Let’s also talk about the afterburn effect. You may have read in plenty of fitness magazines that the reason HIIT (high intensity interval training) is so beneficial is because of the afterburn. For hours after you’re done exercising, your body continues to burn calories, whereas after aerobic exercises, there isn’t much of an afterburn. In a study done by the University of Maine, “A low intensity exercise group cycled at a steady rate of 3.5 minutes. The higher intensity exercise group required three 15 second sprints as fast as the subjects could run.”

What were the results?

The cycling group burned 29 calories vs. 4 calories for the sprinting group during the exercise. But when you take into account the calories burned after exercise, or the afterburn effect, the numbers look much different – 39 calories burned for the cycling group vs. 65 calories burned for the sprinting group. A surprising 95% of the total calorie burn occurred after the sprinting exercise!2 Keep in mind the cycling group exercised for almost 5x longer than the sprint group (3.5 minutes vs. 45 seconds).

I’ll admit, sometimes when I do a quick hill sprint session on the treadmill and I’m done in 15-20 minutes, I feel like I should keep exercising. But it’s clear that HIIT training really does have more “bang for your buck.” Why slog along on a treadmill for hours (okay maybe that’s an exaggeration) when you could do circuit training or HIIT and be done in 20-30 minutes (and reap the same benefits if not better)?

Obviously, this all doesn’t relate to those of us who are training for a long distance race. That is always the conundrum I have. I want to burn more fat and get leaner, but I’m be training for a half marathon or a marathon, so long, steady state cardio is my life at the moment, other than track workout or tempo days. Though I have started doing circuit training for strength workouts that are high intensity and last 30 minutes. I’ve loved it so far, and it’s a good change of pace from my usual lifting routine. Here’s an example of a workout I do.

Have you heard the term “fat burning zone” used recently?

What do you think of it vs. HIIT?

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02-05-2015

Day 1 of Morning Exercise

And probably the only day this week…maybe I’ll do it again next week ;)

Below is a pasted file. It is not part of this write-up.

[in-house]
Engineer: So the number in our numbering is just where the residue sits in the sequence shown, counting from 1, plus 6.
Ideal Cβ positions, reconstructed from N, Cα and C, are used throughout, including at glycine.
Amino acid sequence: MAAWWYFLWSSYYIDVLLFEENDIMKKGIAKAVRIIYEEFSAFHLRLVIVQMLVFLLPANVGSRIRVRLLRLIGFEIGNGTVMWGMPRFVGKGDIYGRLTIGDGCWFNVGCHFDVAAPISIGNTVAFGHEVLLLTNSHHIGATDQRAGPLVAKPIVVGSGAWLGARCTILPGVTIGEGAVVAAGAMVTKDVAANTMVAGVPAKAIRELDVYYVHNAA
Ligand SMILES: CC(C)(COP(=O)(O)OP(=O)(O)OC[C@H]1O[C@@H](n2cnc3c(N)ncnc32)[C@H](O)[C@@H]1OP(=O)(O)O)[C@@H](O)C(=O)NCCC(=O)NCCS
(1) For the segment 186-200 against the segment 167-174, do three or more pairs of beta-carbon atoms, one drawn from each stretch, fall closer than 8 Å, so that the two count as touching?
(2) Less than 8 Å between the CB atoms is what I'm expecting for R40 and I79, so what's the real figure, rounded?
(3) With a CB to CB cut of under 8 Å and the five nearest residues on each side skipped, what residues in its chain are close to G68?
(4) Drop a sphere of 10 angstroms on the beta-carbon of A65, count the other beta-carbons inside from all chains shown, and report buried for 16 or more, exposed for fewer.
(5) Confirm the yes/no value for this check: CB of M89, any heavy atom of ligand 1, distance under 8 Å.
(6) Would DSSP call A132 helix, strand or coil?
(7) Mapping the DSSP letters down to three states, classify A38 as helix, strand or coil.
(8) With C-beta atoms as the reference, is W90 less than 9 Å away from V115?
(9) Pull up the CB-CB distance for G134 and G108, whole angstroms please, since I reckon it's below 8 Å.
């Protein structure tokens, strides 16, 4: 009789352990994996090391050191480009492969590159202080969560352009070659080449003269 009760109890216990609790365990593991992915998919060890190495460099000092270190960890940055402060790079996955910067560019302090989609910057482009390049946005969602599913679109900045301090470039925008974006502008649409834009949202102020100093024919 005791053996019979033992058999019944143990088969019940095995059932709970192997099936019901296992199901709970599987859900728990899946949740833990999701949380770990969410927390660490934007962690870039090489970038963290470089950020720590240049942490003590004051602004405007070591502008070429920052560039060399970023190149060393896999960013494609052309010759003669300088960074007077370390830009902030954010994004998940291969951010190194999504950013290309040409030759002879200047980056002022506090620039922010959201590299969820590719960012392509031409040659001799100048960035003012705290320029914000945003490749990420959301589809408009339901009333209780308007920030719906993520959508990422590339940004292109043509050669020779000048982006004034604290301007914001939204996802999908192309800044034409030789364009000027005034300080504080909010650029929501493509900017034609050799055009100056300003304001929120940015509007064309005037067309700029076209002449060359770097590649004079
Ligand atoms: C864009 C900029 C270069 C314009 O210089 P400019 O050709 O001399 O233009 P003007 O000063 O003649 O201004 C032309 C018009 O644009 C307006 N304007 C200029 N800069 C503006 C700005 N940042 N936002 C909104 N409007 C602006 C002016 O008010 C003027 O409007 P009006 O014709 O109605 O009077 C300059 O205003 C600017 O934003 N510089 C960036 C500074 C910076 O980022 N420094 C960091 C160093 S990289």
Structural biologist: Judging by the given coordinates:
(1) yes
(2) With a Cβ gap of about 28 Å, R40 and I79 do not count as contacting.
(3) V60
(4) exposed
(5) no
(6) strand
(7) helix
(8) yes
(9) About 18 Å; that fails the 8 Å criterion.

But yeah, I woke up at 6:30 today to run before work…probably not a big deal to most of you but I’m SO not a morning person and never workout in the AM because I feel like a zombie. 6:30 probably isn’t even that early to some of you (I know some people are up at 4:30 am to workout) but it’s early for me. My usual wake up time before work is 7:30 AM and even then I snooze for 10 minutes before dragging myself out of bed.

Today I made myself just get up and go. I had my stuff packed already for the day so I just had to pack my oatmeal and snacks for the day. I thought, I can go and run for 30 minutes, that’s all I need to do.

So what motivated this change? A great article I read yesterday, The Brutally Honest 6 Reasons You’re Still Overfat, which I quoted on my Instagram (pardon the language):

 

A photo posted by pattyrivas13 (@pattyrivas13) on


It’s a longer read but worth it, especially if you need a kick in the butt. He talks about people making excuses (well, my coworkers brought in donuts so I ate a few) as opposed to owning it (I chose to eat donuts). While I know it’s my own fault my nutrition isn’t as good as it should be, I know that I’ve been guilty of making excuses before, especially the likes of “Well, I worked out for an hour so I can eat this cookie.”

He also talks about sacrifice…and if you really want something, you’ll suck it up and make a sacrifice to get there. My sacrifice today was that extra hour of sleep. I want to lose a few of the extra pounds that I have gained, and I need to take charge and do it as opposed to bi*ching and moaning about getting up early, or being too tired to run, etc. I’m soooo guilty of making excuses when I’m tired…just yesterday I skipped the gym because I was tired after a bad night’s sleep. Then I got home and read this post and was like, ugh…should have just gone to the gym!

Here are a few other points I liked from the article:

  • “This applies not just to fat loss but also to the rest of your health and fitness goals. If you blame yourself – success. If you blame everything else – no success. Period.”